The reason I’m so hype about the Enneagram is that it unifies my two main interests in life: psychology and spirituality.
I remember the moment when I realized I was interested in psychology.
Kyeli and I had recently published The Usual Error. I had just given a speech to my Toastmasters Club about one of the chapters, “I am not green.” It’s about how you can create peace in your heart and in your relationships by not taking things personally.
My speech evaluator said, “Psychology, what a great topic to choose for a speech.”
“Psychology?” I thought to myself. My speech wasn’t about psychology. It was about communication, relationships, and managing your thoughts.
Oh. I guess that is technically psychology.
I had never thought of communication, relationships, and self-work as psychology. Psychology is this dry, stuffy, academic, official degree that you get. It’s not lively or fascinating. It’s not wild.
But what if it could be?
That was the day I started thinking of myself as a wild psychologist.
I remember the moment when I realized I was interested in spirituality.
I used to be a die-hard skeptic and measurementist, but I was curious about spirituality and the supernatural.
I took a class called “Geek Spirituality”, which built a bridge for me.
The teacher explained spirituality and magic in scientific terms that made sense to my rational brain.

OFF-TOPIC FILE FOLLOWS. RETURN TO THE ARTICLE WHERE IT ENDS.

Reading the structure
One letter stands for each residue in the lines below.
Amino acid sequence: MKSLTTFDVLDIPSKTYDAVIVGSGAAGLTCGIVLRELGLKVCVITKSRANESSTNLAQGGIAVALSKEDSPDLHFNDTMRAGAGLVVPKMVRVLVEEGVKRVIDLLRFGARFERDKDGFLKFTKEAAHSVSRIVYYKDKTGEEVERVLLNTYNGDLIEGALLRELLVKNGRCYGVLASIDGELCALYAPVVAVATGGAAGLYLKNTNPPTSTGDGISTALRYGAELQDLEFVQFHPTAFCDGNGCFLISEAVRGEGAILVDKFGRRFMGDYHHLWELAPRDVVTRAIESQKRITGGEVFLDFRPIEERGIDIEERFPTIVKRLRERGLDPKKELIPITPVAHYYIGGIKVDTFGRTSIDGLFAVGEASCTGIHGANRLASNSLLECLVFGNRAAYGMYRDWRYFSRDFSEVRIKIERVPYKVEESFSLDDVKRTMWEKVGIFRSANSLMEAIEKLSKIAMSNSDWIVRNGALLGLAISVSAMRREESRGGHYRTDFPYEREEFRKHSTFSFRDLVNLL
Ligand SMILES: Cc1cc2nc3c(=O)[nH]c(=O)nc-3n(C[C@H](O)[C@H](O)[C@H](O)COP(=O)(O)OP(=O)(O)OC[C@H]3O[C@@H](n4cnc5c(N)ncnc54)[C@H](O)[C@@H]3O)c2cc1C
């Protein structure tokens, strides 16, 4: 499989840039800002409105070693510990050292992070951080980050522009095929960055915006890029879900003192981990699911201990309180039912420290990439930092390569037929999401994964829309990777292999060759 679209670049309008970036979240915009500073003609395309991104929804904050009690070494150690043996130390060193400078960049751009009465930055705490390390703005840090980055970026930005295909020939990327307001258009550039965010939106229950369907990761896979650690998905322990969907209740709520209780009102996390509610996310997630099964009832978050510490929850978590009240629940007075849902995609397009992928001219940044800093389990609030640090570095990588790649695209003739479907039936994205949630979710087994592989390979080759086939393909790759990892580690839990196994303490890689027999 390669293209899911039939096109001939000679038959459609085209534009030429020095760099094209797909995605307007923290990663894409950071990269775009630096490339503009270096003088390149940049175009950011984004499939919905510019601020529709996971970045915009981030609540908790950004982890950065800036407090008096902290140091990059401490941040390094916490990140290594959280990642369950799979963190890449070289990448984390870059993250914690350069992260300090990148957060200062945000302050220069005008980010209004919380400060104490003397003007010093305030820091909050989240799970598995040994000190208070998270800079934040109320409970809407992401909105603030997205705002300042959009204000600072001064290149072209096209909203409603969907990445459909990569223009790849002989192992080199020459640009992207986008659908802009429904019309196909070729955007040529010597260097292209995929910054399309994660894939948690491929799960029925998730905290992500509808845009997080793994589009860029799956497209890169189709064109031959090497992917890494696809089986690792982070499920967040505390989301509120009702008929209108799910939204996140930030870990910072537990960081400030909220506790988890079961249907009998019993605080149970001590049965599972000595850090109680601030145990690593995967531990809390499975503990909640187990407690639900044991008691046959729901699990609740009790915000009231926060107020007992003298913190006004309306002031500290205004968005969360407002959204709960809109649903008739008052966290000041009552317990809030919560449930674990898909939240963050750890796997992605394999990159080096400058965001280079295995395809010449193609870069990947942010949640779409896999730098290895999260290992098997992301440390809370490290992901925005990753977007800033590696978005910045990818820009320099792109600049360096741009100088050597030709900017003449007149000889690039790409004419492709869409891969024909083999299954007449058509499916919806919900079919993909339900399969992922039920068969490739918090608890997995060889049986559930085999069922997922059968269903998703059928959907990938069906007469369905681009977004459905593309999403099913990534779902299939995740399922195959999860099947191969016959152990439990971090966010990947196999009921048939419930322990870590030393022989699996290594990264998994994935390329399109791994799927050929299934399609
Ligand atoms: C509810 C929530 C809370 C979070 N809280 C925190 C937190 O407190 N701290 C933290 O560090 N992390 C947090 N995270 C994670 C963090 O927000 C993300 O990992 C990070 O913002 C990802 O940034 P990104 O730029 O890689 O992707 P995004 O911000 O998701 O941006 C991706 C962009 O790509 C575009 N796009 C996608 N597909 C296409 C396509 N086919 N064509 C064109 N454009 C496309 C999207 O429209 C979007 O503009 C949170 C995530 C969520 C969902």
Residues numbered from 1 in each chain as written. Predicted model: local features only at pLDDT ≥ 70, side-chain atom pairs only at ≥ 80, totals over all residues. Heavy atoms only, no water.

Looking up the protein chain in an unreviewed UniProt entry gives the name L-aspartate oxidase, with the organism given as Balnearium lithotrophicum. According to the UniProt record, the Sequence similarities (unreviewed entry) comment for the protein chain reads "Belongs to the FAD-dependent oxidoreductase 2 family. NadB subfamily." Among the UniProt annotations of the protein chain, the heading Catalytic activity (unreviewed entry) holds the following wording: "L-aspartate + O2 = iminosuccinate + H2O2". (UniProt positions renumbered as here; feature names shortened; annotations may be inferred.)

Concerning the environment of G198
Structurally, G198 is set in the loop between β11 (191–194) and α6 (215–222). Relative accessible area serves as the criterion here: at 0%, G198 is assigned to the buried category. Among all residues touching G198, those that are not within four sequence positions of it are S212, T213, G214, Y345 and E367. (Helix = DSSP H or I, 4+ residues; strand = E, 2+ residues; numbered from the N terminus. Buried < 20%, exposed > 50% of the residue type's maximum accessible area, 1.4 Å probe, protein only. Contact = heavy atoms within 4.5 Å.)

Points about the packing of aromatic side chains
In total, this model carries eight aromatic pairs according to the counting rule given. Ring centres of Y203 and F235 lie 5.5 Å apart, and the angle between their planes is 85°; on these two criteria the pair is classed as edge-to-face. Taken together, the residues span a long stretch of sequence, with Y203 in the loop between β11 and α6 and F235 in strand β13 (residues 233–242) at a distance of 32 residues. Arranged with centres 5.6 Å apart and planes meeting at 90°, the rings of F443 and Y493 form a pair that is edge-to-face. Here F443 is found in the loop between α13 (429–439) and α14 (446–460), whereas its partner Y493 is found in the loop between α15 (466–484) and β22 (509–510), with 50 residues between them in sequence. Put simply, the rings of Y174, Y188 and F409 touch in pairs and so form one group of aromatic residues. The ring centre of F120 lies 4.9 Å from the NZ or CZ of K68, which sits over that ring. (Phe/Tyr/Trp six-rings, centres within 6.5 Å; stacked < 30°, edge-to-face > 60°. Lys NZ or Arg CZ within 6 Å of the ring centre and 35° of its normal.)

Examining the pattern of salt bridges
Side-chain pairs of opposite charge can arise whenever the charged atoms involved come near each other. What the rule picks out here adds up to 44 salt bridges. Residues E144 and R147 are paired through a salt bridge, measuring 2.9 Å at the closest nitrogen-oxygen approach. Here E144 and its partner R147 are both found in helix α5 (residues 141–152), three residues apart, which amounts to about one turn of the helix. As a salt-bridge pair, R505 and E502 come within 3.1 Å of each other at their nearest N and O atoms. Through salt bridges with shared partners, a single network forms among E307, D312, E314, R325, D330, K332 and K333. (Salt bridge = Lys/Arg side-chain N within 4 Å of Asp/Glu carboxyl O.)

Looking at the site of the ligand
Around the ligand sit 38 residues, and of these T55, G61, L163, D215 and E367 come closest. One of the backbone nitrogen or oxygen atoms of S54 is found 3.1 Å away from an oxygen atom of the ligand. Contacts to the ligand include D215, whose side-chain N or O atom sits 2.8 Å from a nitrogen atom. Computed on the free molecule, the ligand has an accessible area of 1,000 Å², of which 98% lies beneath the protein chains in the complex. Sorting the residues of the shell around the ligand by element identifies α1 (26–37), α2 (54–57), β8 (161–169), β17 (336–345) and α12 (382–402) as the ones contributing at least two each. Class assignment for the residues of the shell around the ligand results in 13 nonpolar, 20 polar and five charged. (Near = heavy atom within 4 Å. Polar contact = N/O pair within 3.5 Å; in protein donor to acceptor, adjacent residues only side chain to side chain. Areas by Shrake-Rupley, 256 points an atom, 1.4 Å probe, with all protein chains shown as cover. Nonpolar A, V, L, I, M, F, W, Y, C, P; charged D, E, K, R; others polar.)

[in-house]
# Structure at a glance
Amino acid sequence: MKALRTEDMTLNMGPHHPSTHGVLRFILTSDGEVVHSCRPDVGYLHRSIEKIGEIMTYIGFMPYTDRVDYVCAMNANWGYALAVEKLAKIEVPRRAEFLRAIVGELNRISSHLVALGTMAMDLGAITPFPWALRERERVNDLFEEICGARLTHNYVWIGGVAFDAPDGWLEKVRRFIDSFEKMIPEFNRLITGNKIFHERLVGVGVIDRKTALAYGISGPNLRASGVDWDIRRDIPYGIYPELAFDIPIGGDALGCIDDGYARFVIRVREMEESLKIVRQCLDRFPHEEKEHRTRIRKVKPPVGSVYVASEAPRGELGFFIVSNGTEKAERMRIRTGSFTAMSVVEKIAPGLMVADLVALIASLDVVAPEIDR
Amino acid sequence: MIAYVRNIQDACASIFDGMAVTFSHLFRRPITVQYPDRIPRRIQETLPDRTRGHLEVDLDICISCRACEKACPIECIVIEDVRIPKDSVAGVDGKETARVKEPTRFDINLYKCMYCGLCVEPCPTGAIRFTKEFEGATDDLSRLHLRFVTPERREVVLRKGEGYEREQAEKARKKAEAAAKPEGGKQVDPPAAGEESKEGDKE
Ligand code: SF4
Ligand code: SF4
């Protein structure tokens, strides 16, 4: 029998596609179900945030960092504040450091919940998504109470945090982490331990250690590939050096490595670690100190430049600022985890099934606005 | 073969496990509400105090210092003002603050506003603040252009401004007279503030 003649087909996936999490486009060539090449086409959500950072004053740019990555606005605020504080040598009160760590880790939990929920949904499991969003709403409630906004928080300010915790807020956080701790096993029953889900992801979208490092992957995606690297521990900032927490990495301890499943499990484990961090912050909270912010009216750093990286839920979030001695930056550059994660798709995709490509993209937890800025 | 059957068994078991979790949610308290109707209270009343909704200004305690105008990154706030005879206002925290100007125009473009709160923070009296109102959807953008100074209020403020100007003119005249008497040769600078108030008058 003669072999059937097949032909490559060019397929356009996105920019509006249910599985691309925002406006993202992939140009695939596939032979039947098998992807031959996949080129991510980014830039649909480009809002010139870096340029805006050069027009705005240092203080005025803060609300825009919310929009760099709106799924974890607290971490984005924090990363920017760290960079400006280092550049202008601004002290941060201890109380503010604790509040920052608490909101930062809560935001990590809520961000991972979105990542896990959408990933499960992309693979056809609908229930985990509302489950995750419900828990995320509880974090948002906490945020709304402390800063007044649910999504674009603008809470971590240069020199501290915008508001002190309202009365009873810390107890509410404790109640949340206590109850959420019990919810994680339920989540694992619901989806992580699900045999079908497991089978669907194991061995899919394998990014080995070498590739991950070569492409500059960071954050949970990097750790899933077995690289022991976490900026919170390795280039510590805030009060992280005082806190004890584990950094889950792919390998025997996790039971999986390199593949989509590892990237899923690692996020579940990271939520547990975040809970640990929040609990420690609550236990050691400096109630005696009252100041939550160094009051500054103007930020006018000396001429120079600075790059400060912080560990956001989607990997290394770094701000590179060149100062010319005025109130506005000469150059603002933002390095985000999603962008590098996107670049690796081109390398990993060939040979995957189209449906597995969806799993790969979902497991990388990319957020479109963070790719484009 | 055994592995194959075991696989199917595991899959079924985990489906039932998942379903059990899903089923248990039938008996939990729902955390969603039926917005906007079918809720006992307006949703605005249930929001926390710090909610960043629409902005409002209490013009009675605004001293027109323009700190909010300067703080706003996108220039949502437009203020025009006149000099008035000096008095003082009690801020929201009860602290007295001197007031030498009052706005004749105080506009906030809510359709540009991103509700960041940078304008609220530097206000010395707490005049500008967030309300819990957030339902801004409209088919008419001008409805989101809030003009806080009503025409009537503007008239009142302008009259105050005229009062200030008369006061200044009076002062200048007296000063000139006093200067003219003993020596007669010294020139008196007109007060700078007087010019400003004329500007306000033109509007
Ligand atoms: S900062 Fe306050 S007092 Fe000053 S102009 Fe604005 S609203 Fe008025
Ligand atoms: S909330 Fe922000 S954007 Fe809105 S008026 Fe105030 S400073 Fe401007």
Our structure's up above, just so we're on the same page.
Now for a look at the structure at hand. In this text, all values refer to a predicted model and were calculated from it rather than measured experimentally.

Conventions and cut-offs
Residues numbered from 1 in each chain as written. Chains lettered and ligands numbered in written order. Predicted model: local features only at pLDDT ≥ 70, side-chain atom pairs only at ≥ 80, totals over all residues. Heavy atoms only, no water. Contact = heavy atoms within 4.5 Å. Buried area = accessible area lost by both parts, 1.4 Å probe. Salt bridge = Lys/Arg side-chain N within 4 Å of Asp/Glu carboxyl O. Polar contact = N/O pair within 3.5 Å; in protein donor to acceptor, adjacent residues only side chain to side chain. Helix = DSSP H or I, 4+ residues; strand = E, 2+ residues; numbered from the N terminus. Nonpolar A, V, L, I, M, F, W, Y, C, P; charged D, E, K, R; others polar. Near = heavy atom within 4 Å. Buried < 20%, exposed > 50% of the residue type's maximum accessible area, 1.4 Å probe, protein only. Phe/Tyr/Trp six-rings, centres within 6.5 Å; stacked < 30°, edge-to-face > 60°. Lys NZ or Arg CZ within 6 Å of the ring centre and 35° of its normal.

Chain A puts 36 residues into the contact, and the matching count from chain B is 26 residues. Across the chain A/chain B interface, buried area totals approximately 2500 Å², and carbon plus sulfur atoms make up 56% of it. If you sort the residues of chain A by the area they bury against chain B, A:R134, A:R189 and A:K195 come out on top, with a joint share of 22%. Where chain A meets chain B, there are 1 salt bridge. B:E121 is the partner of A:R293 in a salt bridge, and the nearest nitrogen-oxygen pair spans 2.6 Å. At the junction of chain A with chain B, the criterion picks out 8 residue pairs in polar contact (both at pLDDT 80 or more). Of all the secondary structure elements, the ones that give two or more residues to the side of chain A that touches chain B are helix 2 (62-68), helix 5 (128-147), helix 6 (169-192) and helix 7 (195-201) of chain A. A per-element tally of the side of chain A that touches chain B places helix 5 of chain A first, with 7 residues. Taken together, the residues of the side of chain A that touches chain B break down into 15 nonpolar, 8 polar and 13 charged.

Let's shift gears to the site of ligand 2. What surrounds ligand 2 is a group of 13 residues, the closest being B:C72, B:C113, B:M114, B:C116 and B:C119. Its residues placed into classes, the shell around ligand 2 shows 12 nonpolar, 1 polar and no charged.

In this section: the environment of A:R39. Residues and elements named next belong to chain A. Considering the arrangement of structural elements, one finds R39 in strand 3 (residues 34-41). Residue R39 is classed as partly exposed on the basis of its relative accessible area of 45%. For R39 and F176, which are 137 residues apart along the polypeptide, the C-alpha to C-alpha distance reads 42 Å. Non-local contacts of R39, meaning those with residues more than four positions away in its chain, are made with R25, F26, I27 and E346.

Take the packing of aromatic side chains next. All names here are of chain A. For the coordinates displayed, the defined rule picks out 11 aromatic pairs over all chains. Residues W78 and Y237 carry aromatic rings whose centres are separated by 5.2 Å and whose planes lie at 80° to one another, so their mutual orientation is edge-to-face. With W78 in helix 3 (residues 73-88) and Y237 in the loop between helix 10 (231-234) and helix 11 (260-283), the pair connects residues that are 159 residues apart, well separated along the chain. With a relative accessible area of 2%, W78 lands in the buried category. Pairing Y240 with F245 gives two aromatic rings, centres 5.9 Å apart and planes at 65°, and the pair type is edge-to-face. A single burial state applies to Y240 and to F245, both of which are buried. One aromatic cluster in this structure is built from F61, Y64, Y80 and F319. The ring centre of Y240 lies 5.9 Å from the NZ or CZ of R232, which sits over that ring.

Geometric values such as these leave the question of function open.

This bridge was sturdy enough to convince me to open my mind just a little bit and try some of the magickal experiments we did in class.
I experienced magickal things that made absolutely no sense to my rational brain. I could rationalize them afterwards, but in the moment, I had to believe in the magick for it to work.
This experience basically broke my brain, and was the first step on my spiritual path.
I remember when I discovered the bridge.
It was the moment when I read this quote:
[…] saying that one is interested in spirituality but not psychology (or vice versa) is like saying that you want to learn to be a writer but are not interested in spelling or grammar, or that you want to be a doctor but do not care about biology.
Psychology that does not address peoples’ spiritual hungers is not going to lead to any complete and satisfying result. It is like climbing only half way up a mountain, or taking a dish out of the oven when it is only half-baked. We still get some benefits, but do not achieve the final goal.
Psychology without spirituality is arid and ultimately meaningless, while spirituality without grounding in psychological work leads to vanity and illusions.
Either way, disappointment and deception result. To be most effective, spirituality and psychology need to go hand in hand to reinforce the best in each other.
When I read this, I literally smacked myself in the forehead and said, “So that’s why I’m so hype about the Enneagram! It’s a bridge between psychology and spirituality!”
So that, my friend, is why I’m so hype about the Enneagram. It’s a bridge between psychology and spirituality.
In other words: